It’s a good month to be a hip-hop fan with disposable income in Seattle. The tour-routing gods have blessed us with a particularly stacked calendar of rap talents rolling through before festival season — not to mention anticipated release shows from local stalwarts Sol (April 12, Showbox) and Gifted Gab (April 28, Crocodile).
From Golden Age icons to a buzzy, body-positive star on the rise taking over the world, here are 10 of this month’s biggest rap shows.
(Note: An asterisk next to the name indicates a critic’s pick. Some videos contain explicit lyrics.)
After impressing during last year’s Upstream festival, this soulful Midwestern rapper/singer made good on his sterling sophomore album, “Noir,” teaming with Seattle’s own beat wizard Sango (a regular Smino collaborator) on “L.M.F.,” its gliding lead single with a skittering percussive undercurrent.
8:30 p.m. April 4, Showbox SoDo, $25-$30, all ages, showboxpresents.com
This Chicago emcee burst onto the scene a few years ago with lascivious raps that would make Uncle Luke blush, slinging at times cartoonish punchlines about riding Squidward’s nose (one of her cleaner quips from a recent single). But before pigeonholing the sexually empowered rapper as strictly hip-hop’s new queen of raunch — as rightful a claim to the title as she has — CupcakKe at times strays from X-rated sex jams on last fall’s “Eden” LP to shred deadbeat dads (“Cereal and Water”) and champion kids with autism (“A.U.T.I.S.M.”). With Lil Woadie and Thee Prophecy.
8 p.m. April 8; Crocodile, 2200 Second Ave., Seattle; $25-$66; all ages; thecrocodile.com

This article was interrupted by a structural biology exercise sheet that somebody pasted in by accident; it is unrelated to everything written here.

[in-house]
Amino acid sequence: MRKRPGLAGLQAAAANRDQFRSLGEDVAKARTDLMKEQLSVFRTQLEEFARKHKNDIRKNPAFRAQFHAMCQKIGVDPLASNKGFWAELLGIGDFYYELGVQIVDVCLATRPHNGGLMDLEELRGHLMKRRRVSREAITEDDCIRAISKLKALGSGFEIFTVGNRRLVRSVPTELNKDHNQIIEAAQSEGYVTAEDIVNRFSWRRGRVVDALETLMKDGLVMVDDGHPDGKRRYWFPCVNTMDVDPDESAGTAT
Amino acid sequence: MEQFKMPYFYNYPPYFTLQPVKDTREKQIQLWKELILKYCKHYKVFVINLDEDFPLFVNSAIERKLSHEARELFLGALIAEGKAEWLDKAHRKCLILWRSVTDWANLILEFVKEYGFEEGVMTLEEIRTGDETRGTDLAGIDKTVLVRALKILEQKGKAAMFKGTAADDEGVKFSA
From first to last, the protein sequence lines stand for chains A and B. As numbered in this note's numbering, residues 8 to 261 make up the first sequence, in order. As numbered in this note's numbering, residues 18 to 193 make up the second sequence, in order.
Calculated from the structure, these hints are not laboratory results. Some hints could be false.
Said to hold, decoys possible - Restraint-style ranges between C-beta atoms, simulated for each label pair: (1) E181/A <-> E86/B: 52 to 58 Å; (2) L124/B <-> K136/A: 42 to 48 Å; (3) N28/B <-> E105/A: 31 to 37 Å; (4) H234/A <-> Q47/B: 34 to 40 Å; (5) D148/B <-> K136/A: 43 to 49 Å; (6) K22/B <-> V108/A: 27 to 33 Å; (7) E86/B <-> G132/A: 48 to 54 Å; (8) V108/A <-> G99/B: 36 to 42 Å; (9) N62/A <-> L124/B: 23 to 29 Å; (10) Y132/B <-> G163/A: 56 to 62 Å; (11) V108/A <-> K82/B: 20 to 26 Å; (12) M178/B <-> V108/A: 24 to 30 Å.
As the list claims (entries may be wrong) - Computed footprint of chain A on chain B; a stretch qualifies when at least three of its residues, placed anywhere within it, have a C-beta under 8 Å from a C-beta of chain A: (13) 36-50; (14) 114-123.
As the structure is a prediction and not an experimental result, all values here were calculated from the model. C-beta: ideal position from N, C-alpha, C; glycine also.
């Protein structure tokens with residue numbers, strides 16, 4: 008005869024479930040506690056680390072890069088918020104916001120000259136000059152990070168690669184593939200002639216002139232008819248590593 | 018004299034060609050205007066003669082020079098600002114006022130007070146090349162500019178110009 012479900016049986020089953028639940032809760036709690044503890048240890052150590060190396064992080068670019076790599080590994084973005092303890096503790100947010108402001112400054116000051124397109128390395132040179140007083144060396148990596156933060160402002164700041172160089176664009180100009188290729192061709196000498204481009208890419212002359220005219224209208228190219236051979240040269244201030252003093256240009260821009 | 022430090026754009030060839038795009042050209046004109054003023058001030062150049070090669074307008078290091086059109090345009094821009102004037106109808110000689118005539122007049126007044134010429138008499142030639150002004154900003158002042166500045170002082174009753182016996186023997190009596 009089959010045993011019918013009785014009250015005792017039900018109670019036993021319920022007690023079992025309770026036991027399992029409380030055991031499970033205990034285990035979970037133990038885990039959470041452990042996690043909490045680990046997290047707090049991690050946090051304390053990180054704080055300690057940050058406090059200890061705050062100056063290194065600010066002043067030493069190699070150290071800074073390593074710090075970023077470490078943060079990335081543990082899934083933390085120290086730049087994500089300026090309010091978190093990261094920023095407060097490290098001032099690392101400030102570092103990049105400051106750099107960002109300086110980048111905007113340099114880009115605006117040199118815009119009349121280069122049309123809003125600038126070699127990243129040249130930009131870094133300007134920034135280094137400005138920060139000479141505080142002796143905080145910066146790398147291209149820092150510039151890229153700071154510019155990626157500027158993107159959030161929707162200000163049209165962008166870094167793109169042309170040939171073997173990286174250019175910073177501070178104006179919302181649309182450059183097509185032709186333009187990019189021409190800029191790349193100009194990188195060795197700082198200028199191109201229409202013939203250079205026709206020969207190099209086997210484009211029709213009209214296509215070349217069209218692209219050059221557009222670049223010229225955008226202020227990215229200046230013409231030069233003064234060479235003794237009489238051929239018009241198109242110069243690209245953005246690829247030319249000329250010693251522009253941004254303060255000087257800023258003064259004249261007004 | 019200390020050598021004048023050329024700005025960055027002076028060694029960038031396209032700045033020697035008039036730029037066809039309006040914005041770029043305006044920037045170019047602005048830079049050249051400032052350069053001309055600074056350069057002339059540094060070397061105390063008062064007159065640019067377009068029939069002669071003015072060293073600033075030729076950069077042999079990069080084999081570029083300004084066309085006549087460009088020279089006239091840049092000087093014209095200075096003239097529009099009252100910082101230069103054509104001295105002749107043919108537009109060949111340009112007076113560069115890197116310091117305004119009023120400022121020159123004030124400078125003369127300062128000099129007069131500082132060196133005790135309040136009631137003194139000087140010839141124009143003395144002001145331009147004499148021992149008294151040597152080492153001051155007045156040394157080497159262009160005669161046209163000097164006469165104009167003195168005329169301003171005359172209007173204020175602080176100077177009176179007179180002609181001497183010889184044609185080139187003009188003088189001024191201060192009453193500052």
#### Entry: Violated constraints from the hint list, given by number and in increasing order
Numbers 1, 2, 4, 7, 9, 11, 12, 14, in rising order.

The rising trap star hasn’t been on hip-hop’s vanguard the way some of his Atlanta contemporaries — including his label boss Young Thug — have, but Gunna’s compiled a solid body of work leading up to his proper debut album, this year’s “Drip or Drown 2.” Following his talked-about mixtape with Lil Baby, Gunna maintains his drowsy delivery style over methodically throbbing bass hits that could rock a party or lull you to sleep, depending on your mood.
8 p.m. April 10; Showbox SoDo, 1700 First Ave. S., Seattle; $30-$35; all ages; showboxpresents.com
* Earl Sweatshirt
If it feels like forever ago a young Earl was the mysterious rap prodigy banished to a boarding school in Samoa, that’s because it was. Now an industry vet at only 24, the real-life Thebe Kgositsile makes his strongest push to leave the juvenile bars that made his Old Future days a lightning rod in the past on his intentionally rough-hewed statement album “Some Rap Songs.” A woker, more introspective Earl reorients his career with deadpan meditations on grief and racism over staticky, sample-heavy beats bearing the influence of the New York environs it was steeped in. Earl returns June 20 on a stellar WaMu bill with Anderson .Paak and Thundercat. With (Liv).E and MIKE, the rising NYC underground star who seems to have influenced his friend and mentor, Earl.
8 p.m. April 14; Showbox SoDo, 1700 First Ave. S., Seattle; $33; all ages; showboxpresents.com
* Eric B. and Rakim
One of, if not the greatest, rapper/producer duos of all time, Eric B. and Rakim’s influence loomed large after their relatively brief but fertile initial run together in the late ’80s and early ’90s, which ushered in a more laid-back era of New York hip-hop. In an age when hip-hop moves and morphs faster than ever, it’s worth basking in the presence of this recently reunited duo who helped shape the genre.
9 p.m. April 16; Showbox, 1426 First Ave., Seattle; $35-$40; all ages; showboxpresents.com